Malawi’s sole power supplier, Electricity Supply Corporation of Malawi (Escom), has instituted a survey aimed at determining the power usage by its big customers so that it implements its load shedding programmes properly.
Escom has asked maximum customers to declare their demand capacity for this year and has warned that they will be penalised if actual demand exceeds demand declared.
The parastatal’s public relations manager Kitty Chingota said on Tuesday she would comment on the issue later.
However, some technical experts from the power supplier explained to Business Review that the exercise is done to ensure that Escom manages power supply.
“The exercise will enable Escom to know the total demand for an area during a specific time so that power is managed properly. The exercise may lead to an increase in total estimated demand, but we also have our own projections,” said the expert who did not want to be named.
The expert noted that the survey is aimed at ensuring that customers enjoy better power supply.
According to Escom, Malawi has an estimated power demand of 350 megawatts (MW). But some experts have said the actual demand may be above 1 000MW.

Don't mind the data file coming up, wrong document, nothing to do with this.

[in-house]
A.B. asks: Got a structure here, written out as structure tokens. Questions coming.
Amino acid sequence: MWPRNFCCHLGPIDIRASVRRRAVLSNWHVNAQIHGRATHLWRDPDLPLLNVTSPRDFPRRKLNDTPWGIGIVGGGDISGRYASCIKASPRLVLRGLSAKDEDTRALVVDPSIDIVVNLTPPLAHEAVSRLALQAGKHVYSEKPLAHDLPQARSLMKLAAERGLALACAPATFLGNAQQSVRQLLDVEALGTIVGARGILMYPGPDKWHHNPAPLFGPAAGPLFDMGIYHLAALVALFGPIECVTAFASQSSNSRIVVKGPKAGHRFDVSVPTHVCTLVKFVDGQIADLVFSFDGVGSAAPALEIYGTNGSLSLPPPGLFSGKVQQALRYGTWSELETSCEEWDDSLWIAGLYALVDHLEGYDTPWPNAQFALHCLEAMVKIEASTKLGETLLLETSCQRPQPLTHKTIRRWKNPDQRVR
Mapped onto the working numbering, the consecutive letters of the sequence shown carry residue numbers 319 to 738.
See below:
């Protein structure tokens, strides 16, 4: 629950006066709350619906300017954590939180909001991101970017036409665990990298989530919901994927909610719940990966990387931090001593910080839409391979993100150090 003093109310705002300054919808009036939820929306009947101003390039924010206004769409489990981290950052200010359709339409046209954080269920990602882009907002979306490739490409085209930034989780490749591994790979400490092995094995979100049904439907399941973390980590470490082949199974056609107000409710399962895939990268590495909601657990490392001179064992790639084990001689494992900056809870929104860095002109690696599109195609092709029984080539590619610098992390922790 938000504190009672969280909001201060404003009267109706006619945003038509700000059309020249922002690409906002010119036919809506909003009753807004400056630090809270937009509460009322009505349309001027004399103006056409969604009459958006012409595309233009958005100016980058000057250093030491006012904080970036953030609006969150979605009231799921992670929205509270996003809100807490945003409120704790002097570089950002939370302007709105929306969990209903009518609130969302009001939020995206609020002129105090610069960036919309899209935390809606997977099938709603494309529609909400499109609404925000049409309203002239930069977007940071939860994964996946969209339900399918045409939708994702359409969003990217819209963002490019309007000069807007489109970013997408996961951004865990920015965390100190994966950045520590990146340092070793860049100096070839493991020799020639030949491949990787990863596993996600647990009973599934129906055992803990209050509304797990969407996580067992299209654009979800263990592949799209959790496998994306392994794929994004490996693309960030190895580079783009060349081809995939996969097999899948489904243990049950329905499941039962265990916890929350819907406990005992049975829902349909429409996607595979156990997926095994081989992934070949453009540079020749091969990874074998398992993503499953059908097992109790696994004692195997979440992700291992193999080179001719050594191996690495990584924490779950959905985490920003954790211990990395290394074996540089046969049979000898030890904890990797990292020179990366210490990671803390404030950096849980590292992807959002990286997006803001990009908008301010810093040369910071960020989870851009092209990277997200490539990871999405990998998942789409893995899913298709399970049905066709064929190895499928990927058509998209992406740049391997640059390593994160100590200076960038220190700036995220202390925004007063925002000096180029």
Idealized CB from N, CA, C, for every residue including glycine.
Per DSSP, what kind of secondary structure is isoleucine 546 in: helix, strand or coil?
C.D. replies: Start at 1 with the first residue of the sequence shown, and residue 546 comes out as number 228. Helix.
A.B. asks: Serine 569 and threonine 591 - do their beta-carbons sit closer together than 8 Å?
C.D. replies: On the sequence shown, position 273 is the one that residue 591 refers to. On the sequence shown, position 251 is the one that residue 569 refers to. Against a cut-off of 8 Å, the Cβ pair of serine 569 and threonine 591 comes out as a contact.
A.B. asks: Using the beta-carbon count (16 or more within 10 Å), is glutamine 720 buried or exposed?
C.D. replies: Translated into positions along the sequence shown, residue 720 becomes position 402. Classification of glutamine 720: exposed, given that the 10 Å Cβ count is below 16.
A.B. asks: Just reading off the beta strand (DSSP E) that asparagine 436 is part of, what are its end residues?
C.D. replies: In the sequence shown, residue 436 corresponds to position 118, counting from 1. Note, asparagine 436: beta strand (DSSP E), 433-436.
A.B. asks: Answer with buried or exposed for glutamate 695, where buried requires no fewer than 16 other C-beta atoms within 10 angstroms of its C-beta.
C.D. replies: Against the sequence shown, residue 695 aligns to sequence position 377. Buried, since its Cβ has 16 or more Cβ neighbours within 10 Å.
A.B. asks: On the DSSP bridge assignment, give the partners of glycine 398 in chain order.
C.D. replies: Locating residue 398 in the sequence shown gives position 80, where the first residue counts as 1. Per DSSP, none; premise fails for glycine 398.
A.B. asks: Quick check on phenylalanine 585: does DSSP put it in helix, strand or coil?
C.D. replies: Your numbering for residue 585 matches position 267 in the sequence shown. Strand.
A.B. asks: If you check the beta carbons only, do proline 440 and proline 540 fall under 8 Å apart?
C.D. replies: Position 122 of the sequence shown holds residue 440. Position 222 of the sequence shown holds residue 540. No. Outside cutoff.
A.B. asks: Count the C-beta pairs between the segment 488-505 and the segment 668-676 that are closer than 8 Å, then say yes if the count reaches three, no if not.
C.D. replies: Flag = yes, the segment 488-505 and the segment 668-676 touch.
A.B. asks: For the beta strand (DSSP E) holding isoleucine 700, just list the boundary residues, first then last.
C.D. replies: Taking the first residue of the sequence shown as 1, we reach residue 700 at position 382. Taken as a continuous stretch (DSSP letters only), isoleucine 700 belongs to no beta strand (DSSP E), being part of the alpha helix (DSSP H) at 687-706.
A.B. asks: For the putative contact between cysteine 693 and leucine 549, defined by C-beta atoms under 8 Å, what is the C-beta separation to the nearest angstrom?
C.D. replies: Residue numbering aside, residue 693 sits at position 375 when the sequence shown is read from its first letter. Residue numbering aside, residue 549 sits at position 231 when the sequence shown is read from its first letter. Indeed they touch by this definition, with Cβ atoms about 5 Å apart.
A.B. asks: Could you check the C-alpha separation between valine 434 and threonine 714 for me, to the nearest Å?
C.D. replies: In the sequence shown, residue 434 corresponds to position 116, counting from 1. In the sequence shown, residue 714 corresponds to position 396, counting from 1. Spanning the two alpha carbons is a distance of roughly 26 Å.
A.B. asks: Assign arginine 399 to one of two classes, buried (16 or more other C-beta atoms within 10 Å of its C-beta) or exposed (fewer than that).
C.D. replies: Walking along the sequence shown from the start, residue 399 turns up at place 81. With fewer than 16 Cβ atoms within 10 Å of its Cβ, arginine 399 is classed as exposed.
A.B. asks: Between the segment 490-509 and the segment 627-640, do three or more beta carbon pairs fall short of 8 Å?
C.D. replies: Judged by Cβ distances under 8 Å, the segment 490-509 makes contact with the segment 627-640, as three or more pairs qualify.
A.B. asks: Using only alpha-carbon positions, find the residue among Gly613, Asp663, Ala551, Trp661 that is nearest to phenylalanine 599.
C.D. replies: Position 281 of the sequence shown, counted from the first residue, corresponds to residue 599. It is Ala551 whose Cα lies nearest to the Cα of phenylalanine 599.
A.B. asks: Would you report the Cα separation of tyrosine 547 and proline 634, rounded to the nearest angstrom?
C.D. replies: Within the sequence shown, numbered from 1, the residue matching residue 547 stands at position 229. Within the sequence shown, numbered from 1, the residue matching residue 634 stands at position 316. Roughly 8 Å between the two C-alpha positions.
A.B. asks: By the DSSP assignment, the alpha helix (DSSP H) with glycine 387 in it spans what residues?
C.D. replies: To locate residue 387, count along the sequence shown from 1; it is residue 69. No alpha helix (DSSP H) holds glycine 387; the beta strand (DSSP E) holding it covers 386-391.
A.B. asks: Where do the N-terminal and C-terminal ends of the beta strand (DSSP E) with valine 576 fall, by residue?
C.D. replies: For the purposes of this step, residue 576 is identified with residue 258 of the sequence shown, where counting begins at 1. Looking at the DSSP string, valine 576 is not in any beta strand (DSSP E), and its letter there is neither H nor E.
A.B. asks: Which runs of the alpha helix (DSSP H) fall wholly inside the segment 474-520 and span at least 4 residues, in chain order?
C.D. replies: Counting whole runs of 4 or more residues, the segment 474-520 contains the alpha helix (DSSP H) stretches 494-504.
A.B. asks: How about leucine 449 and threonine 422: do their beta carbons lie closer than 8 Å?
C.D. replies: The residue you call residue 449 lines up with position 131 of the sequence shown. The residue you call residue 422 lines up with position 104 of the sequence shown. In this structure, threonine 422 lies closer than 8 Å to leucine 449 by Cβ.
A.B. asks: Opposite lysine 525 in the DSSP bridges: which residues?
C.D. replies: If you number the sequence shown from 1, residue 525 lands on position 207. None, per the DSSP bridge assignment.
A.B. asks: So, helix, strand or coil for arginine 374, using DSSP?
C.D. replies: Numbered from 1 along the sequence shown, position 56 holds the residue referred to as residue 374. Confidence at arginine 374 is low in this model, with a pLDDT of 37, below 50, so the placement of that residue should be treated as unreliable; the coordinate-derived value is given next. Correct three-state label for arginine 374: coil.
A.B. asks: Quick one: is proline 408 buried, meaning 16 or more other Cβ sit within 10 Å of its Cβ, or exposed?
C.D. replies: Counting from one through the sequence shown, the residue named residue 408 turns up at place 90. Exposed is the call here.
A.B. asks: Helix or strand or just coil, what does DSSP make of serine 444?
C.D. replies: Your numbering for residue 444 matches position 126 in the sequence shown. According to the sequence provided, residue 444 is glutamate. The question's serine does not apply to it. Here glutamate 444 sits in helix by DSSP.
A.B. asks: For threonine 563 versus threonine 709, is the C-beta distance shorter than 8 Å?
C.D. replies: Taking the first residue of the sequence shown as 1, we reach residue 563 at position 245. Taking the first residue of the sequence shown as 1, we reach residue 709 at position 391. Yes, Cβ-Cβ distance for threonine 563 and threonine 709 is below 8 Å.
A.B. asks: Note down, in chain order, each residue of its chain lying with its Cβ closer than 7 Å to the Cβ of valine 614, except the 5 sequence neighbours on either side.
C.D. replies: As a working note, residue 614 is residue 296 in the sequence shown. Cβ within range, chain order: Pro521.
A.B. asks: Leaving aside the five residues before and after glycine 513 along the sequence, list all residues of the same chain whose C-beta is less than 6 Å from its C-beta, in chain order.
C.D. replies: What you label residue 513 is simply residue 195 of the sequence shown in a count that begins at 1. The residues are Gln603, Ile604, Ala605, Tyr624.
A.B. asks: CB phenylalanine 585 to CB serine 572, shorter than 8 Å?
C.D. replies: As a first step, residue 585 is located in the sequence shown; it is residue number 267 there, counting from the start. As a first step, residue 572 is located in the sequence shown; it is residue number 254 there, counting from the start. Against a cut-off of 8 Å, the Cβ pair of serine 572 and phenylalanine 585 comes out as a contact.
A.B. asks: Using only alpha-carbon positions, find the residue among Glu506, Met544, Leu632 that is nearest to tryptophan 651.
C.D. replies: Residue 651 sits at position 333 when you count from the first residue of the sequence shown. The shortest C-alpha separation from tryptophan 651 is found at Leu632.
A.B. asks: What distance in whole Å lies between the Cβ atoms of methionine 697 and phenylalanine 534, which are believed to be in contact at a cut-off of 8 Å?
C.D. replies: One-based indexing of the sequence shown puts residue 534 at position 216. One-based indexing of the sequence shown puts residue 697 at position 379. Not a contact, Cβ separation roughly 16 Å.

This week, Escom said the country’s power generation increased to 351MW due to the commissioning of Kapichira II which has added 64MW to the power grid.
President Joyce Banda is expected to officially commission the power station on Friday.
But the Malawi Institution of Engineers (MIE) last year said the country will enjoy a stint of adequate power supply due to the commissioning of the power plant, before slipping back to an energy deficit.
Former MIE president Matthews Mtumbuka then noted that although Malawi would achieve a major milestone on closing the power demand-supply deficit in 2014, the joy would be short-lived due to increased demand.
He noted that mining companies which consume a lot of electricity want to connect to Escom power grid.
Mtumbuka said that technically, Malawi is supposed to have some spinning reserve—an excess generation capacity to cover for eventualities such as faults on machines.
Government recently said a total of 21 trading centres are being electrified under the Malawi Rural Electrification Programme which will increase demand for power.
To manage demand, Escom embarked on an energy saver bulbs distribution which according to Chingota has cut the country’s demand by 40MW.
Apart from Kapichira II project, to increase the country’s total supply, Malawi signed with Mozambique the power interconnector which will enable importation and exportation of power.
Malawi also plans to construct coal-fired power plants at Kam’mwamba in Neno and at Chipoka in Salima.